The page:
How many Hydros?
I sometimes have a problem with self discipline–which is not good when you’re self employed. I tend to flit from one thing to the next in the studio, so anything that gets me to stay at my clay table is a good thing. “Watching” (or rather listening) to Netflix on (my iPad with headphones) tethers me to my work table and helps me focus on the things that I need to make. Recently, I’ve been re-watching favorite BBC series; Marple, Poirot, Foyle’s War, House of Card, and best of all Prime Suspect. In a New Yorker profile of Helen Mirren, the star of the series, I read that someone described it as the greatest sustained feat of acting in television history.
One of my jobs in the studio is to document everything we make with good photographs; clean up the images, label and organize the images into an external hard drive, before the work leaves the studio. We try to track who buys what, so that when they call asking for earring to go with their pin, for example, I can look up which pin they bought. When we sell work to galleries, we’re able to give them professional quality images in both 300 dpi for print ads, and 72 dpi for their websites or emailing to clients. Galleries love that, and use us in advertising more because we provide them with good images. It’s something that I wish we had done from the beginning of our making (note to young artists: document all of your work).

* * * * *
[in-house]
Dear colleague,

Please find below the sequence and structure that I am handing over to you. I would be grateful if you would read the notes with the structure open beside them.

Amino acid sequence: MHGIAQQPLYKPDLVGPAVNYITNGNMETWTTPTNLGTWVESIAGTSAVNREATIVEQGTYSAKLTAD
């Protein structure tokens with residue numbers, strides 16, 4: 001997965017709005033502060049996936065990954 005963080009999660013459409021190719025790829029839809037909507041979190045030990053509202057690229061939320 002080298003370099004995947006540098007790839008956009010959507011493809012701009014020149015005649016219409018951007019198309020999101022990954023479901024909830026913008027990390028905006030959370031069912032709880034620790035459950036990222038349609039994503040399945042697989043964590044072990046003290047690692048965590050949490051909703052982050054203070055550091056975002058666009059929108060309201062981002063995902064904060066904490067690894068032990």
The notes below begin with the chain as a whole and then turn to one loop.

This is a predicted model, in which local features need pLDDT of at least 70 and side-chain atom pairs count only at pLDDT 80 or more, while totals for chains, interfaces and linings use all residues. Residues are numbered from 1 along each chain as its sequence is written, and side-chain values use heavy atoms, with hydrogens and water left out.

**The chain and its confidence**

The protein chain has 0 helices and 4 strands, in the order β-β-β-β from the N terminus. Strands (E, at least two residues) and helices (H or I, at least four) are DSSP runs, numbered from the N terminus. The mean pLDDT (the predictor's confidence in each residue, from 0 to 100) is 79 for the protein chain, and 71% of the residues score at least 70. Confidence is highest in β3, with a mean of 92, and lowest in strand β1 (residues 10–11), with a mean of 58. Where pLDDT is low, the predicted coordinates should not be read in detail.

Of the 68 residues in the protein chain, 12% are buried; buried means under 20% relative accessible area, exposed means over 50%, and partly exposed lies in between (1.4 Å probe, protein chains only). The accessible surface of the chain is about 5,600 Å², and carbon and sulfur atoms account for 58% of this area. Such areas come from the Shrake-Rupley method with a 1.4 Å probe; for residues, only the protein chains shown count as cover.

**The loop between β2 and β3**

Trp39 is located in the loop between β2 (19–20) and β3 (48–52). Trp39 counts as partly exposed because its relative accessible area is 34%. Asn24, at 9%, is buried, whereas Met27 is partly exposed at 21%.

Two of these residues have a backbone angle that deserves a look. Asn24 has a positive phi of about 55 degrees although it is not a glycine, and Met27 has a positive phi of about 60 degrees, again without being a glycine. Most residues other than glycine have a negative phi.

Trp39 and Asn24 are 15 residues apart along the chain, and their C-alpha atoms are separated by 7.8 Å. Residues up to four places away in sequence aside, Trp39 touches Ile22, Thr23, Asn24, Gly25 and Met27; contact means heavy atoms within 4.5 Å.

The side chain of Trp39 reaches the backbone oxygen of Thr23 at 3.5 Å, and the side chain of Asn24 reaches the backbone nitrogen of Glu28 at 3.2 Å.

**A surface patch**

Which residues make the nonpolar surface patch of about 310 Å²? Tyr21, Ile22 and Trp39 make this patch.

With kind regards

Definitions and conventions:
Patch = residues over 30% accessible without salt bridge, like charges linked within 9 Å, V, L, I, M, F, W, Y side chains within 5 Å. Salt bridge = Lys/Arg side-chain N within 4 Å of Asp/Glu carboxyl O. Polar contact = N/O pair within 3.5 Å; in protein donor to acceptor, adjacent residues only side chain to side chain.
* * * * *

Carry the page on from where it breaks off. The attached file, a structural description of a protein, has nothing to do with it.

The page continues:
In busy times, the pipeline of work tends to back up. So recently, I was cleaning up images of a large group of “Hydro Top Pins”; something that David has made his specialty over the last 15 years, and I was struck by how consistently good they all were. Even within a group that’s nominally “black and white” there is so much variety and invention; warms, cools, soft edges, hard edges, smooth and textured surfaces. It’s all theme and variation, but Dave manages to make each one look distinctive with it’s own qualities. At craft shows, it’s often difficult for people to choose among them. There are arguments to be made for each. Of course, the same inventive talent is true of our metalsmith, Maryanne Petrus. She has made more than a thousand (two thousand?) hydro tops in silver, and copper since 1999 when we started working together.
So I’m thinking that the Hydros are the greatest feat of sustained making in Ford/Forlano history…..such as it is.